Thursday, September 11, 2014

MTA Discovers it PaYS to Go Army; Helps Veterans Transition into Civilian Employment

by Tina M. Beller, U.S. Army Public Affairs Specialist

Fort Hamilton, N.Y. – A public benefit corporation chartered by the state of New York joined the U.S. Army’s Partnership for Youth Success Program recently in order to benefit from the value of Army veterans interviewing for jobs within the corporation.

Like Sony, and Sleepy’s, The Metropolitan Transportation Authority is now one of 509 companies to have signed a memorandum of agreement joining the Army’s PaYS Program.

“Veterans are generally drug free, are physically fit, are loyal, understand safety and can work in a team environment while problem solving,” said Aleyda Meyers, the director of All-Agency Veteran Recruitment and Staff Initiatives at the MTA. “By hiring a veteran, the MTA is gaining an employee with a great work ethic and one with incredible integrity.”

The PaYS Program, which is a strategic partnership between the Army and a cross section of corporations, companies and public sector agencies, provides America’s youth with an opportunity to serve their country while they prepare for their future. PaYS Partners guarantee Soldiers an interview; it’s up to the veteran to perform well during the interview with the hiring official in order to secure a permanent position. This unique program is part of the Army’s effort to partner with America’s business community and reconnect America with its Army.

The PaYS Program offers private-sector companies and corporations a host of benefits, chief among them is the fact that human resources specialists enjoy a controlled flow of quality employment candidates who have established a positive work ethic, have entry-to-mid-level leadership skills, are tested free and clear of drugs and have honorably served or are serving their country. PaYS Partners also benefit from referrals to other Department of Defense Employment programs, giving private-sector companies access to a broad range of qualified veterans from all services.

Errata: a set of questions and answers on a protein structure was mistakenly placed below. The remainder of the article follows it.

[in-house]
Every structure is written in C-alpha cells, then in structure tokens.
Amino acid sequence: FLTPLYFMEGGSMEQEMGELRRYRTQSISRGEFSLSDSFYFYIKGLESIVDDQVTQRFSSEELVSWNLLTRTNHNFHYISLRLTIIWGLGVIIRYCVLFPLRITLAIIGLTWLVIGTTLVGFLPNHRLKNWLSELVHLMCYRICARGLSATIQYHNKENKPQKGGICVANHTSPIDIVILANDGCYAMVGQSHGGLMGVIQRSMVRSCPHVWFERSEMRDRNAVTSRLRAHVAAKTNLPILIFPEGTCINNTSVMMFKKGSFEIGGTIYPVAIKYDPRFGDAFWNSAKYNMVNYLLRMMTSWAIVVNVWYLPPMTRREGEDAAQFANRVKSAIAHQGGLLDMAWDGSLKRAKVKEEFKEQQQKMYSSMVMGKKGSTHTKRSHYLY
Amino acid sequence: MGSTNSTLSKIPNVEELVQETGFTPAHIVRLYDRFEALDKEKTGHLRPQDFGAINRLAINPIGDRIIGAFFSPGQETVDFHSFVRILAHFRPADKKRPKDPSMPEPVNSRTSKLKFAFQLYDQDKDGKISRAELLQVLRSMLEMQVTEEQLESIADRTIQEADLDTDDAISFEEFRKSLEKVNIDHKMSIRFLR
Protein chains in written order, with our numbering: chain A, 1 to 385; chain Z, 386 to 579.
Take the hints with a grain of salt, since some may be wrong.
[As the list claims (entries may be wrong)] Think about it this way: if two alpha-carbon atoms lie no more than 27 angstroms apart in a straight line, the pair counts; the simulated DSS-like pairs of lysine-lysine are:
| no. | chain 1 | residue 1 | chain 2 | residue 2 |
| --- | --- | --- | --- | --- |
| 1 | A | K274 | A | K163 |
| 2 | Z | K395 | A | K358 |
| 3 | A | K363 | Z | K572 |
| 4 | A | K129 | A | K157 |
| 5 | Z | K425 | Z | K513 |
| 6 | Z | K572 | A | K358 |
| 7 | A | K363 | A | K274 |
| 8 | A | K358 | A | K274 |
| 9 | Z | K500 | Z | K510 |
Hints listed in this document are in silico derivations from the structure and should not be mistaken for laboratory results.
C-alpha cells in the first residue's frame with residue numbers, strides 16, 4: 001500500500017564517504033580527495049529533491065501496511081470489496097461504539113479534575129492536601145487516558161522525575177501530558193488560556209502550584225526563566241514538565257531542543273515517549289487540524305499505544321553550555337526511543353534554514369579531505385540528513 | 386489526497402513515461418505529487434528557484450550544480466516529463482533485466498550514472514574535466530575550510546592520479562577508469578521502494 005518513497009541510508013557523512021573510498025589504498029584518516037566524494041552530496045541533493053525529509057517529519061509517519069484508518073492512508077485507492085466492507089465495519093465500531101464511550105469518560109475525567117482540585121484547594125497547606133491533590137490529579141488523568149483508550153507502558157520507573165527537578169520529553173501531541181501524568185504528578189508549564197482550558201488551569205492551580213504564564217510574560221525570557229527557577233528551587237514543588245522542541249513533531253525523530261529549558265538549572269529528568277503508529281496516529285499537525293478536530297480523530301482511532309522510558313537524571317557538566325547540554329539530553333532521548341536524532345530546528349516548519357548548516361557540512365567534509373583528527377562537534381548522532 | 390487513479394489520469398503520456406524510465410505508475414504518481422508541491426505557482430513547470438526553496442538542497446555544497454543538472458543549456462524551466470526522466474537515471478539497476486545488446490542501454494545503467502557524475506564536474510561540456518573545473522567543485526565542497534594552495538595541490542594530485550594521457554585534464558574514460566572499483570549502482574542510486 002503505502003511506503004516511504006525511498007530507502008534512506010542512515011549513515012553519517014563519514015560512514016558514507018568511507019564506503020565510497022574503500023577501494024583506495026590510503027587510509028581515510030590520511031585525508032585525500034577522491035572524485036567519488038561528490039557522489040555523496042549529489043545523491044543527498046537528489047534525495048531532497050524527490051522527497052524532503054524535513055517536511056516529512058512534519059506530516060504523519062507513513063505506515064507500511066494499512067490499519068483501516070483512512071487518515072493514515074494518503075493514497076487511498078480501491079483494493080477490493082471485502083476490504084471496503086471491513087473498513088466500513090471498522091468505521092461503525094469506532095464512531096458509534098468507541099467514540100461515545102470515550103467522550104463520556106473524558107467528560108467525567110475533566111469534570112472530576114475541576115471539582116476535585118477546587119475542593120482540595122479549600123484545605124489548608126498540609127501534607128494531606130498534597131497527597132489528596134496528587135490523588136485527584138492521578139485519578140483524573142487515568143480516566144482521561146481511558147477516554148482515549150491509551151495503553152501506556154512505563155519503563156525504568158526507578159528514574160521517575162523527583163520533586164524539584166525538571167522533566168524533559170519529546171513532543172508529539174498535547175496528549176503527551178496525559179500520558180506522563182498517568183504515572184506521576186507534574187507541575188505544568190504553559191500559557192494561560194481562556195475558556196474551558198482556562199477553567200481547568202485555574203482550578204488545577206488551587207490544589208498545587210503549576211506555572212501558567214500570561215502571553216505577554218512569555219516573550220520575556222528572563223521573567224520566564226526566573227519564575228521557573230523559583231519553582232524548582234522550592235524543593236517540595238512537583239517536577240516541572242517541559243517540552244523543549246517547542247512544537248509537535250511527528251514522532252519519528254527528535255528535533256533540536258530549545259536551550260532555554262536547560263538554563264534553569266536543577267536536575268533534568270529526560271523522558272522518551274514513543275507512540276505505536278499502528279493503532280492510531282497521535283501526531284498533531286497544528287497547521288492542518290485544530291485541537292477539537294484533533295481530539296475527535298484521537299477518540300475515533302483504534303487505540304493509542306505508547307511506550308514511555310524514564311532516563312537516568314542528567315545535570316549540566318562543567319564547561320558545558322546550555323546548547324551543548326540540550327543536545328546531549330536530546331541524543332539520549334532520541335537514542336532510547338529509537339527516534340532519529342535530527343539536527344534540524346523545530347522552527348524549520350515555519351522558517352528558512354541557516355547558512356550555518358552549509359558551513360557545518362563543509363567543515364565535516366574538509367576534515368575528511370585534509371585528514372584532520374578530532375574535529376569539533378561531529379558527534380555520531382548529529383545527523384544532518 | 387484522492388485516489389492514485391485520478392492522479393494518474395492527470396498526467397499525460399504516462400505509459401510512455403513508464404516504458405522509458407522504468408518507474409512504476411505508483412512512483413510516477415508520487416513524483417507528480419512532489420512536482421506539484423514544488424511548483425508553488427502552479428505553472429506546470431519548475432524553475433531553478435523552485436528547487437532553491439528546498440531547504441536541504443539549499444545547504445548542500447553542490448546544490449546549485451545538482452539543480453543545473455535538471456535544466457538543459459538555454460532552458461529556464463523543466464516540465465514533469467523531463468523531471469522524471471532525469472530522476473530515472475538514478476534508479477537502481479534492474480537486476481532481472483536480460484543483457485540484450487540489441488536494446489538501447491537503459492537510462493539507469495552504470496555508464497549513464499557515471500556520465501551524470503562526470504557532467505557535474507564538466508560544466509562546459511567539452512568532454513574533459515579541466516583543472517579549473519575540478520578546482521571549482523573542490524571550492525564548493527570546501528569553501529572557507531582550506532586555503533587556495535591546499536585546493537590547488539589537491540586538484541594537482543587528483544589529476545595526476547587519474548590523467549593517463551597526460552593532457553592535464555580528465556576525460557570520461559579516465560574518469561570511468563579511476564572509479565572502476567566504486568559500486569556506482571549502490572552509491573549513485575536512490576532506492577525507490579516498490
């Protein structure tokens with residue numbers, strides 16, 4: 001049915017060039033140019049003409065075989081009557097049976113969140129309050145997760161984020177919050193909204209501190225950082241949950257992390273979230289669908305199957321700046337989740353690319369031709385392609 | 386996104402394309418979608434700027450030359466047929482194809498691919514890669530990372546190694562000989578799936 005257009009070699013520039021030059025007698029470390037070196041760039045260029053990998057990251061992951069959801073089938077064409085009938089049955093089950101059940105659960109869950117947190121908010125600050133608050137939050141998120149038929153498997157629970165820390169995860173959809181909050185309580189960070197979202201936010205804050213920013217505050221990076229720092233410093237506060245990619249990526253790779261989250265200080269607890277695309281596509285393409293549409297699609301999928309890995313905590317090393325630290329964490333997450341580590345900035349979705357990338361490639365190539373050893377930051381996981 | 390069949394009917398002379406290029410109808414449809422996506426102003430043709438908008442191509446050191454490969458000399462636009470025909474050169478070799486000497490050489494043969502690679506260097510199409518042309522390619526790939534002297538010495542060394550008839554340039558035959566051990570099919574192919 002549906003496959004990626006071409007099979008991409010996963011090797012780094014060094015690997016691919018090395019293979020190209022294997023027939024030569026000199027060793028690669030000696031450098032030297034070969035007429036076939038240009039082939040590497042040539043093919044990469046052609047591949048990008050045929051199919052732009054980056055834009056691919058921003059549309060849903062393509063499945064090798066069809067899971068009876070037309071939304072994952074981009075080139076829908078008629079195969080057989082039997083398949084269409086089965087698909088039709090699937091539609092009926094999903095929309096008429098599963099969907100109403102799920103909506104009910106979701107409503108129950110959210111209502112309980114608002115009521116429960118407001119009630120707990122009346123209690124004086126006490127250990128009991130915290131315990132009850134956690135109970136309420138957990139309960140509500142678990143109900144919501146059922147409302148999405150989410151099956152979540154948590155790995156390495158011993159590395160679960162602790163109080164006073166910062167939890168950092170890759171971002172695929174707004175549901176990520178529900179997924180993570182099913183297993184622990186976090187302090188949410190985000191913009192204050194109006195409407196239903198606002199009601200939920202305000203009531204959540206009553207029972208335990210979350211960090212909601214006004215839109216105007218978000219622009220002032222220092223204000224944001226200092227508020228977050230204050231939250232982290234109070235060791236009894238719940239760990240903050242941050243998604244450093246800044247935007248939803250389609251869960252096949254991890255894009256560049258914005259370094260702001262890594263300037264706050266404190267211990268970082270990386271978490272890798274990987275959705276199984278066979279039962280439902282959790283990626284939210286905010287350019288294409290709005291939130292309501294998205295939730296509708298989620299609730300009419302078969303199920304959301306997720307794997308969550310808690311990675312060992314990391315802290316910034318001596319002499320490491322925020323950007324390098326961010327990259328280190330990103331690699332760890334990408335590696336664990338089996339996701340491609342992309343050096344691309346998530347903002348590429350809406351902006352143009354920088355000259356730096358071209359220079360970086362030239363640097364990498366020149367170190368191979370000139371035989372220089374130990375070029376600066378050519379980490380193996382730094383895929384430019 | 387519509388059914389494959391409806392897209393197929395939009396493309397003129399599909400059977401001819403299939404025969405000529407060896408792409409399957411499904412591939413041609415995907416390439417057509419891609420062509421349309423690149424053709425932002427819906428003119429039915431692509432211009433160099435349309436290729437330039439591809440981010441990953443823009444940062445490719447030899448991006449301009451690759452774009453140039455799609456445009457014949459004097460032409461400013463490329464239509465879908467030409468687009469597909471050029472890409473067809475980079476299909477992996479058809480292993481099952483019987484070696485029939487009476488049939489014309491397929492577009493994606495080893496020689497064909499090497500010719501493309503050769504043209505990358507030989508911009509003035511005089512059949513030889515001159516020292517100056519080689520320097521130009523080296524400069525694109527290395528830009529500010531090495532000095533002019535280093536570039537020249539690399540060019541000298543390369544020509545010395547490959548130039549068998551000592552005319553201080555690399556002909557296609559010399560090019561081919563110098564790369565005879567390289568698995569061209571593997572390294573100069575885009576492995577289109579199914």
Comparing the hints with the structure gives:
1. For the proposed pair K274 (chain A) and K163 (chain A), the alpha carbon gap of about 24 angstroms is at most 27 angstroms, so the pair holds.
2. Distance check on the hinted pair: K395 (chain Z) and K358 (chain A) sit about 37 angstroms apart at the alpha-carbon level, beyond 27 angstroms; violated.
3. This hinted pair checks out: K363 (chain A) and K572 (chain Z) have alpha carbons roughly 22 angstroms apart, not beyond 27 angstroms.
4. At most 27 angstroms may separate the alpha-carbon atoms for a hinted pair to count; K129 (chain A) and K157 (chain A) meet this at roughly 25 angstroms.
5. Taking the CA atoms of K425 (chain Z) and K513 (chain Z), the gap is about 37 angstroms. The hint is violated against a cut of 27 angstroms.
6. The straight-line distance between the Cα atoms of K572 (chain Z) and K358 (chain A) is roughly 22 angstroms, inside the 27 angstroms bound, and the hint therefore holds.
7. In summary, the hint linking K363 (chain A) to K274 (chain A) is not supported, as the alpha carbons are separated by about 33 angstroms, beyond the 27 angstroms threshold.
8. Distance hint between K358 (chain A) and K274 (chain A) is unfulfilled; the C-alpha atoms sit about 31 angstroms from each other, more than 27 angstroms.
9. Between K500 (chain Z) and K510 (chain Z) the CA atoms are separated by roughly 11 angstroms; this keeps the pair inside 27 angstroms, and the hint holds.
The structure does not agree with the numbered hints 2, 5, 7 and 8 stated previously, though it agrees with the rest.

Secondly, PaYS partners benefit from both public recognition as a veteran friendly employer and media coverage while participating in Army grassroots events.

Lastly, companies enjoy a sense of patriotic satisfaction that they are taking viable steps to help young men and women, who are quite willing to sacrifice their lives to protect America's freedoms.

One MTA employee who knows a lot about protecting America’s freedoms as a former Operation Iraqi Freedom infantryman who joined the Army to serve his country after 9/11, is 28-year-old Army veteran Jesse DeMino.

“The MTA is big on honoring safety, much like in the Army,” said DeMino, who proudly serves as a New York City Transit special inspector, providing safe transit for thousands of railroad commuters daily. “I like that my employer gives me a chance to continue building myself here. When I grow, they grow as an organization.”

Out on the Long Island Rail Road, 31-year old Chris Braxton, an oiler/laborer working on diesel locomotives, believes his MTA career closely parallels his time in the U.S. Air Force from 2007 through 2011, which makes him feel welcome and at ease.

“When I was in the Air Force, I wrote weather forecasts and made sure the airplanes got off the ground safely,” he began. “It’s the same thing here at the MTA. It’s hard to be complacent on my job as a laborer on the tracks when I have to be thinking about not stepping on the third rail [and getting electrocuted]. I’ve got my partner, and we both want to go home to see our families at the end of the day, so we really have our backs out here, much like in the military.”

And for Vietnam veteran, Lt. Nelson Perez, 60, who serves as a highway unit supervisor with the MTA’s Police Department, working for the MTA as a veteran allows him to enjoy being a public servant.

“Serving in the military taught me that what I was doing was part of something bigger than me, much like what I do here on the police department,” said Perez, who served the nation from 1975 to 1995 as a communications officer. “I do the same thing now, accomplishing the mission and taking care of people here, but I focus more on the community as opposed to national strategic objectives.”

“I would tell any veteran out there who wants to work for the MTA to not think twice about calling the MTA’s Veterans Representative Aleyda Meyers to help get the ball rolling,” said DeMino confidently. “The MTA really takes good care of us veterans [combat or noncombat] with medical and dental benefits and a pension. I feel appreciated here for my service. It really is wonderful to have an employer who understands and can work with us in the performance of our duties here.”

Metropolitan-area companies or corporations interested in becoming an Army PaYS Program partner should contact the Northeast Region Marketing Analyst Joe Crosby at or via telephone at 502-613-1692.

CUTLINE MTA PHOTO SHOOT: From left to right, Stephanie Martinez, veterans representative for Metro North Railroad, Jesse DeMino, special inspector, New York City Transit Department, Lt. Nelson Perez, highway unit supervisor for MTA’s police department, Chris Braxton, oiler/laborer, Long Island Rail Road, and Aleyda Meyers, director, All-Agency Veterans Recruitment and Staff Initiatives.

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